He was influenced by Petrarchism as well as by latin classicism : Horace, Virgil or Ovidius.
   His platonism is touched by a gentle sorrow of love, taken from Middle Ages. His militar ideal vanishes because of the Emperor ingratitude.
   Garcilaso's works would be explained in commentaries by Francisco Sanchez de las Brozas -the Brocense- (1574 and 1578) and Fernando de Herrera (1580).
   Though printed edition of 1543 -and later ones- has been the main reference in order to publish his poems, there are many important manuscripts as Gayangos' code: 17969 BNM.

Commented works of Garcilaso


Cancioneiro Geral
     4.-  Portuguese Francisco Sa de Miranda (1481-1558) is represented in Cancioneiro Geral. A travel to Italy between 1521 and 1526 introduced to him new poetry of Dolce Still Nuovo: he imitated it in redondillas, sonnets and eclogues.


Diego Hurtado
de Mendoza
    5.-  Diego Hurtado de Mendoza (Granada, 1503-1575), close friend of Garcilaso and Boscan, was a traveller, soldier and diplomat in London, Venice and Rome, where he was honoured by Pietro Aretino. Exiled in his native land (1569), he wrote War of Granada.
   His poems were printed for the first time in Works (Madrid, 1610): eclogues, songs, letters, octosyllabic poems, twenty-eight sonnets, a Fable of Adonis, Hipomenes and Atalanta and epigrams. His poems of love are known as Cancionero to Marfira: gentlewoman Marina de Aragon (†1549).

Diego Hurtado
de Mendoza


   Burlesque production can be collected from several manuscripts with amusing poems: "Elegy of the Flea", "Praise of Horn"... He also composed moral poetry.

    6.-  Many poets followed traditional poetry against italianized fashions: Gregorio Silvestre (1520-1569) -who also wrote hendecasyllabic verses printed in Granada, 1582- and Cristobal de Castillejo (Salamanca, ca.1492-1550), secretary of Prince Fernando, who knew Erasmism and died in Wien. He composed a Speech of Love and a Dialog of Women, between feminist Fileno and antifeminist Alethio who deals, in octosyllabic and broken-foot verses, with wifes, maidens, nuns, widows, spinsters and procuresses. Castillejo shows his good sense of humour and his open attitude towards the problems of his age.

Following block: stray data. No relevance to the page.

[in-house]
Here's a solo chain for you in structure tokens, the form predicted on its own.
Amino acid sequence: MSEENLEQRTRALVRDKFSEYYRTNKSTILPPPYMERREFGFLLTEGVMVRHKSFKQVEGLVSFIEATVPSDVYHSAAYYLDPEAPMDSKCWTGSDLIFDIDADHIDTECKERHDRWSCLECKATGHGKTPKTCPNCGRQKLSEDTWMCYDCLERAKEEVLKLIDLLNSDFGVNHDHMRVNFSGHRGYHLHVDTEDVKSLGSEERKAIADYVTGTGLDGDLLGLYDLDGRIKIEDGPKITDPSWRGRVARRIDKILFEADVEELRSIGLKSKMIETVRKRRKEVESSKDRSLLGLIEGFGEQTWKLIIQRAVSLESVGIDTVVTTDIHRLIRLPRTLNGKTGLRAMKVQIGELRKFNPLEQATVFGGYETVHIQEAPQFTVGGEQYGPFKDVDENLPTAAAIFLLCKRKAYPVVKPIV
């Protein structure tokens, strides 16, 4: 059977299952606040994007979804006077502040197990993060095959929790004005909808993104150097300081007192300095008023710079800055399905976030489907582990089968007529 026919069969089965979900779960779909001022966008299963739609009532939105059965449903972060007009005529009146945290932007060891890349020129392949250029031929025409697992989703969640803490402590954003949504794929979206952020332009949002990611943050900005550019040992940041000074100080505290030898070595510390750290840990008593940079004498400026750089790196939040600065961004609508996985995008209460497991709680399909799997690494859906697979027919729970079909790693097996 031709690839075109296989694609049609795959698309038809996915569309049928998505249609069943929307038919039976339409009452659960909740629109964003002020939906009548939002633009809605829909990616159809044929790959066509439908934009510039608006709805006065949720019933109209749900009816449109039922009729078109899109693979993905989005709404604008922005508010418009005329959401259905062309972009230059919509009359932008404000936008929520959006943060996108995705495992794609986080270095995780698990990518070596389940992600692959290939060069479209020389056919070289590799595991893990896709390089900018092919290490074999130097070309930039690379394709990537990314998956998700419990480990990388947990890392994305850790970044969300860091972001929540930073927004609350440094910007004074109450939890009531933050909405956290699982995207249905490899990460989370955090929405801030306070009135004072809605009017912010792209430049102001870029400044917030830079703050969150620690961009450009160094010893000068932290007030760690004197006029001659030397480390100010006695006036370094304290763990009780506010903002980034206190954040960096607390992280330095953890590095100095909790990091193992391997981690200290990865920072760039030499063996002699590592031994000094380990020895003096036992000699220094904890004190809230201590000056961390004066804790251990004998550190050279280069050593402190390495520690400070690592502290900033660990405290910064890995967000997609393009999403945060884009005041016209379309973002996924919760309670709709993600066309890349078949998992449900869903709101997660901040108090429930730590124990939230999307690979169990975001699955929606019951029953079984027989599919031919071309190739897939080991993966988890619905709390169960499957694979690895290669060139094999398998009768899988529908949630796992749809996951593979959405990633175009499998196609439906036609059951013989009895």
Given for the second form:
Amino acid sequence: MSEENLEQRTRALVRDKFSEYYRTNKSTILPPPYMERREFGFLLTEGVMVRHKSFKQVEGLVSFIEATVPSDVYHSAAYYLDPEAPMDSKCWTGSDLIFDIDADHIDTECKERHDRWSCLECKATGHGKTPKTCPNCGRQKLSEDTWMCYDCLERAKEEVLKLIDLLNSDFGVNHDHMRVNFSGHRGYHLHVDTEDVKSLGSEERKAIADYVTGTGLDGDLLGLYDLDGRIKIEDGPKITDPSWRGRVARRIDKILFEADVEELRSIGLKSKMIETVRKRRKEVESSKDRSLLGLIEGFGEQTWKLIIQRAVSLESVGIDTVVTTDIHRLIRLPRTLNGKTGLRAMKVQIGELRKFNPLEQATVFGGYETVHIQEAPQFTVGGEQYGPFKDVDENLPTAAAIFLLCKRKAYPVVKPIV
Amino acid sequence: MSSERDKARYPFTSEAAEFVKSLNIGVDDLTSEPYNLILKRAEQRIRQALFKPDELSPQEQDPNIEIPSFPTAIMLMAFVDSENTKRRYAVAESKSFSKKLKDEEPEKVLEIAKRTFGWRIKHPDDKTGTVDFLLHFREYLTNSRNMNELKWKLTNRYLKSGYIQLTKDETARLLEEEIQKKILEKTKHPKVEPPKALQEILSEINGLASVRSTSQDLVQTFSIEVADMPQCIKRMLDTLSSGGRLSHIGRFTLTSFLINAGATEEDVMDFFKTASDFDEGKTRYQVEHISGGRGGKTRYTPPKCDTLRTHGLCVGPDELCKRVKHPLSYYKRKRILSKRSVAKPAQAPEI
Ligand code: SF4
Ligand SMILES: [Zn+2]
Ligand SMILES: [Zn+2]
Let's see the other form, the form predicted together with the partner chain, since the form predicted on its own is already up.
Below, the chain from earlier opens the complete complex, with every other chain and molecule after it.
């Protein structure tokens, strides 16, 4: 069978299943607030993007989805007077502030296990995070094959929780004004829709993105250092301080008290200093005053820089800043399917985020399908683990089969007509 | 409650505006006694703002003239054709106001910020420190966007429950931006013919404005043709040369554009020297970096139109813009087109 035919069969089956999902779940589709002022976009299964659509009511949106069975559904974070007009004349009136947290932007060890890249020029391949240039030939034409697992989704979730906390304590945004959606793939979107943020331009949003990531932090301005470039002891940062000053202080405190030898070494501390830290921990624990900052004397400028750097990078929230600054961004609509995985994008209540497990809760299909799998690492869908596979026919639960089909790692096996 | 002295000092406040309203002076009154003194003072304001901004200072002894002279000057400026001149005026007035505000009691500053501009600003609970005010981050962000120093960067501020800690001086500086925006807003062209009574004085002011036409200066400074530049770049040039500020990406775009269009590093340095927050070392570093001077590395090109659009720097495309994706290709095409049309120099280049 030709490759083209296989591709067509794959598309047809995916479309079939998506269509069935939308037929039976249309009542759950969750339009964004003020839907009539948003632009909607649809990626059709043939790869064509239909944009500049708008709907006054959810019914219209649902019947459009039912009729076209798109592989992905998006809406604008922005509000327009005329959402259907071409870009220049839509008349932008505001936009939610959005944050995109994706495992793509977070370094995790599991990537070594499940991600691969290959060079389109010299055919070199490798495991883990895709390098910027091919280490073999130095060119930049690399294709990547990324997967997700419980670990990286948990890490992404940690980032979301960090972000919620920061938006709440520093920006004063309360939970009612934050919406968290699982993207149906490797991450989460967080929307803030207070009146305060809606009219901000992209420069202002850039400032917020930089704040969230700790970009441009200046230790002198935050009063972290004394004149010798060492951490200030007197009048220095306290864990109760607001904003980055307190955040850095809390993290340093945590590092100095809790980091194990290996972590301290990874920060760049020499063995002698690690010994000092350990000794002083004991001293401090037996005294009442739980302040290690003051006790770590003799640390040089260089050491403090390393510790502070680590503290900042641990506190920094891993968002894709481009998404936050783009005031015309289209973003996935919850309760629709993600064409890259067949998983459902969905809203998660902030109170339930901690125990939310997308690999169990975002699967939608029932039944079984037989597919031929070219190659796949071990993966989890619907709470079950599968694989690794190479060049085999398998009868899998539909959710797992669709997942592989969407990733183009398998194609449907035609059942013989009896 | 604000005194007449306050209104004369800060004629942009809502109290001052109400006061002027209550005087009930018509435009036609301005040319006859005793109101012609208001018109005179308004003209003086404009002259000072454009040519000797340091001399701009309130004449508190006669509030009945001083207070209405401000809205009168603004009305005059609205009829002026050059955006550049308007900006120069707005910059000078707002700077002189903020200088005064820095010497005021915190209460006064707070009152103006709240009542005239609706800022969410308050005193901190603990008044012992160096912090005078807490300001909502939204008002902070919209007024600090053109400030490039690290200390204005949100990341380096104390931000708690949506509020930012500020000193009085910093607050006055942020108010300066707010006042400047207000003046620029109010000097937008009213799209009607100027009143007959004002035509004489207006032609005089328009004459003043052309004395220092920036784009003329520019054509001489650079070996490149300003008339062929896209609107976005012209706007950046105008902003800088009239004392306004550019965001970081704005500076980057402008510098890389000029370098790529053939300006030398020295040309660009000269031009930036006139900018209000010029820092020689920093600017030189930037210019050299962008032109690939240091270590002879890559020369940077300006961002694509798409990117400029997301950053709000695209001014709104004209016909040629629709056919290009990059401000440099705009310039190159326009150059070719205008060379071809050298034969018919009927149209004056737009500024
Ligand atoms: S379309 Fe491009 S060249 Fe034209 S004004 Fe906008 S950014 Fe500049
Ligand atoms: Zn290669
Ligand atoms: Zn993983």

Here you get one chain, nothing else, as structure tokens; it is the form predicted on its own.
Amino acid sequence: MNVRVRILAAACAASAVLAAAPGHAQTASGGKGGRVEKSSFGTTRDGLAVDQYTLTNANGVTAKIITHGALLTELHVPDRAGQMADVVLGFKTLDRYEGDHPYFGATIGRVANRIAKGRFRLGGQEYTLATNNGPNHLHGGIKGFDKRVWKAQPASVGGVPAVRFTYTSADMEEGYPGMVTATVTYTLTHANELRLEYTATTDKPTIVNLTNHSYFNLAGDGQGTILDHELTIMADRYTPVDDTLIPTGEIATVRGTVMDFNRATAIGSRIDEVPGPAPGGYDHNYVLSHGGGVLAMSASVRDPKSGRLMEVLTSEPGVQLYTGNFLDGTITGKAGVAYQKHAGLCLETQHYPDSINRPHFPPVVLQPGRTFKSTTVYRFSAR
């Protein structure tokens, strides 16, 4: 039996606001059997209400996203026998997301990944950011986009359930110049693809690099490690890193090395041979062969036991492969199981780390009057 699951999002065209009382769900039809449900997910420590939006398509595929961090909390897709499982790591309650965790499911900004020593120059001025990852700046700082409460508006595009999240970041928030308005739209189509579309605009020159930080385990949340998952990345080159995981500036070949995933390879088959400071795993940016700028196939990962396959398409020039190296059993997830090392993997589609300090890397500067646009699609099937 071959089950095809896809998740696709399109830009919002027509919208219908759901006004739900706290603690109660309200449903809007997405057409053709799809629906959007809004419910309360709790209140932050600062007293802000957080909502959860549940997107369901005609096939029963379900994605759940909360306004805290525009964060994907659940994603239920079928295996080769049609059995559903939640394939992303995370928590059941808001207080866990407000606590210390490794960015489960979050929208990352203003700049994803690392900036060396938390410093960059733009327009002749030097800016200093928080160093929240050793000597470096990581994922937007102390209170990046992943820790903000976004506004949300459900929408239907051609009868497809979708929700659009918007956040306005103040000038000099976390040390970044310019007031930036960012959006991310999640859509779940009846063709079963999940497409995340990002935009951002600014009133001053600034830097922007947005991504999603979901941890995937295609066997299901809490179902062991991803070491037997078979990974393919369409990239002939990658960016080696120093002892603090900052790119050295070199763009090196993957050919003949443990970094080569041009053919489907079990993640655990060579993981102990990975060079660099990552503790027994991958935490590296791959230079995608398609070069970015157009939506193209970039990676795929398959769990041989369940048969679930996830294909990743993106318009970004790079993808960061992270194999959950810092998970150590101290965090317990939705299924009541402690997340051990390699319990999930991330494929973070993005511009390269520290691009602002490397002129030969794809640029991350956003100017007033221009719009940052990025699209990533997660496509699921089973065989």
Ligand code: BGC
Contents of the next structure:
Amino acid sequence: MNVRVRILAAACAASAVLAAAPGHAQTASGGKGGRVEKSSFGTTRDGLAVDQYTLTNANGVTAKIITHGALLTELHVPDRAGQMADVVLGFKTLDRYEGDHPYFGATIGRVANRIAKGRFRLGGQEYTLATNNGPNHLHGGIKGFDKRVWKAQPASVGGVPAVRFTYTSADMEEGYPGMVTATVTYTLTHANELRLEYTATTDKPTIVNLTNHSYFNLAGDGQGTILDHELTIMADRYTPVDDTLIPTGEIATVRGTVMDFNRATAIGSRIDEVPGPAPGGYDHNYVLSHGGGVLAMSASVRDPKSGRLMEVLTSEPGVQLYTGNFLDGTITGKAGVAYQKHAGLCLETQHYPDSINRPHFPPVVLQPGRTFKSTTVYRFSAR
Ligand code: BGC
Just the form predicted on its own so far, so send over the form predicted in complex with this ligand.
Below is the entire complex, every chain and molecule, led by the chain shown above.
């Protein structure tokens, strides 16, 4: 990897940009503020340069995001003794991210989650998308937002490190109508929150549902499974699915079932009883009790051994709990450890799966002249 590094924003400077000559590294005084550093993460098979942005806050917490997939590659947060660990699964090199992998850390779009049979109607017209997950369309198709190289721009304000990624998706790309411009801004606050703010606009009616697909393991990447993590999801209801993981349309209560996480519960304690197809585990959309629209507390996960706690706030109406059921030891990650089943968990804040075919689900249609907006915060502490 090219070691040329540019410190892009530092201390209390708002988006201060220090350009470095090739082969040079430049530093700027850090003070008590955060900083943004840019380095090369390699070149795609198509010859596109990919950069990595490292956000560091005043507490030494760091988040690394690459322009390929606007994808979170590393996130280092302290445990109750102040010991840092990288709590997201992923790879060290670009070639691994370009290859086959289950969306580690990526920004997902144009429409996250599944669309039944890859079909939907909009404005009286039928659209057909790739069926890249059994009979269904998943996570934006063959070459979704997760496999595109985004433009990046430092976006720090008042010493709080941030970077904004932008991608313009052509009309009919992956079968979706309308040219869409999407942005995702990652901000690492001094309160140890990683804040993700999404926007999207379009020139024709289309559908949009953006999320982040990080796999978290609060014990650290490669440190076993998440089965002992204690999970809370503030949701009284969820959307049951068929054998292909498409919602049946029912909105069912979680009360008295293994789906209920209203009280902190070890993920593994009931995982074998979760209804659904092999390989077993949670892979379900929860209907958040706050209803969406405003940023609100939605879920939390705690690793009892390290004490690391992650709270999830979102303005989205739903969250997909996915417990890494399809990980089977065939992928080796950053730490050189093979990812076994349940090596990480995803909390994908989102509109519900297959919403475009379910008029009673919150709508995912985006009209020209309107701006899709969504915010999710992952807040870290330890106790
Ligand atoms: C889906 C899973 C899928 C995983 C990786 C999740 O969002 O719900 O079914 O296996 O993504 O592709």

Dialog of Women


Gutierre de Cetina
    7.-  Gutierre de Cetina (Sevilla, 1514-1557), a close friend of Hurtado de Mendoza, sings to Dorida from Betis river and to Amarilida from Pisuerga one, under the name of Vandalio. Ca. 1537 he visited southern Italy and Mexico in 1546. Back to Milan in 1548 he would die in Mexico before 1557, in rare circumstances.
   His petrarchist models would be Tansillo and Ausias March, often translated to spanish language along those years. We collected his work: two little prose compositions and many octosyllabic. Also sixteen epistles -with ovidian features- and more than two-hundred sonnets and madrigales, among them, the most well-known one in spanish poetry. In spite of some allusions by Fernando de Herrera, Cetina's work remained unknown until 18th century. It could be read in manuscripts -one of them close to the autograph one-, as Flowers of different poetry (Mexico, 1577).

Works by Ausias March


Varias Poesias
Hernando de Acuña
    8.-  Hernando de Acuña (Valladolid?, 1518-1580) was the captain of Alfonso de Avalos in Italy, where he met Garcilaso -the latter would compose a latin ode for him-. About 1544 he was a prisoner of french enemies in Narbonne. He served his kings in Germany, Africa and Pays-Bas until his retirement in Granada, close to Hurtado de Mendoza, Gregorio Silvestre and Barahona de Soto.
   He translated chivalric poems as Orlando Innamorato by Boiardo or Le Chevalier Déliberé by Olivier de la Marche, that won the Emperor's interest.
   His wife collected in Various poems (1591) hendecasyllabic verses: a Fable of Narcise, a Quarrel between Ayax and Ulysses about Achilles' weapons and a Letter from Dido to Eneas -written when he was old-. He composed poems of Galatea and Damon and Silvia and Silvano; many sonnets, specially outstanding "It is close, My Lord, or has already come...", a homage of the Emperor: "a Monarch, an Empire and a Sword" and, also, traditional octosyllabic poems. Other manuscript verses from cancioneros would complete his whole work.

    9.-  Close to neoplatonism, Portuguese Jorge de Montemayor (1520-1561) published his Cancionero (Antwerpen, 1554), composed by love poems and devotional ones, both in traditional and italian verses. He wrote in prose and verse the first spanish pastoral roman: Diana (ca.1559), with interesting dialogs.
    10.-  We should remember that this strain of italianized poetry shares its time with other popular poems: villancicos, ballads, songs, proverbs...

Ballads Book

D.Miguel Pérez Rosado.
Ph. D. in Philology.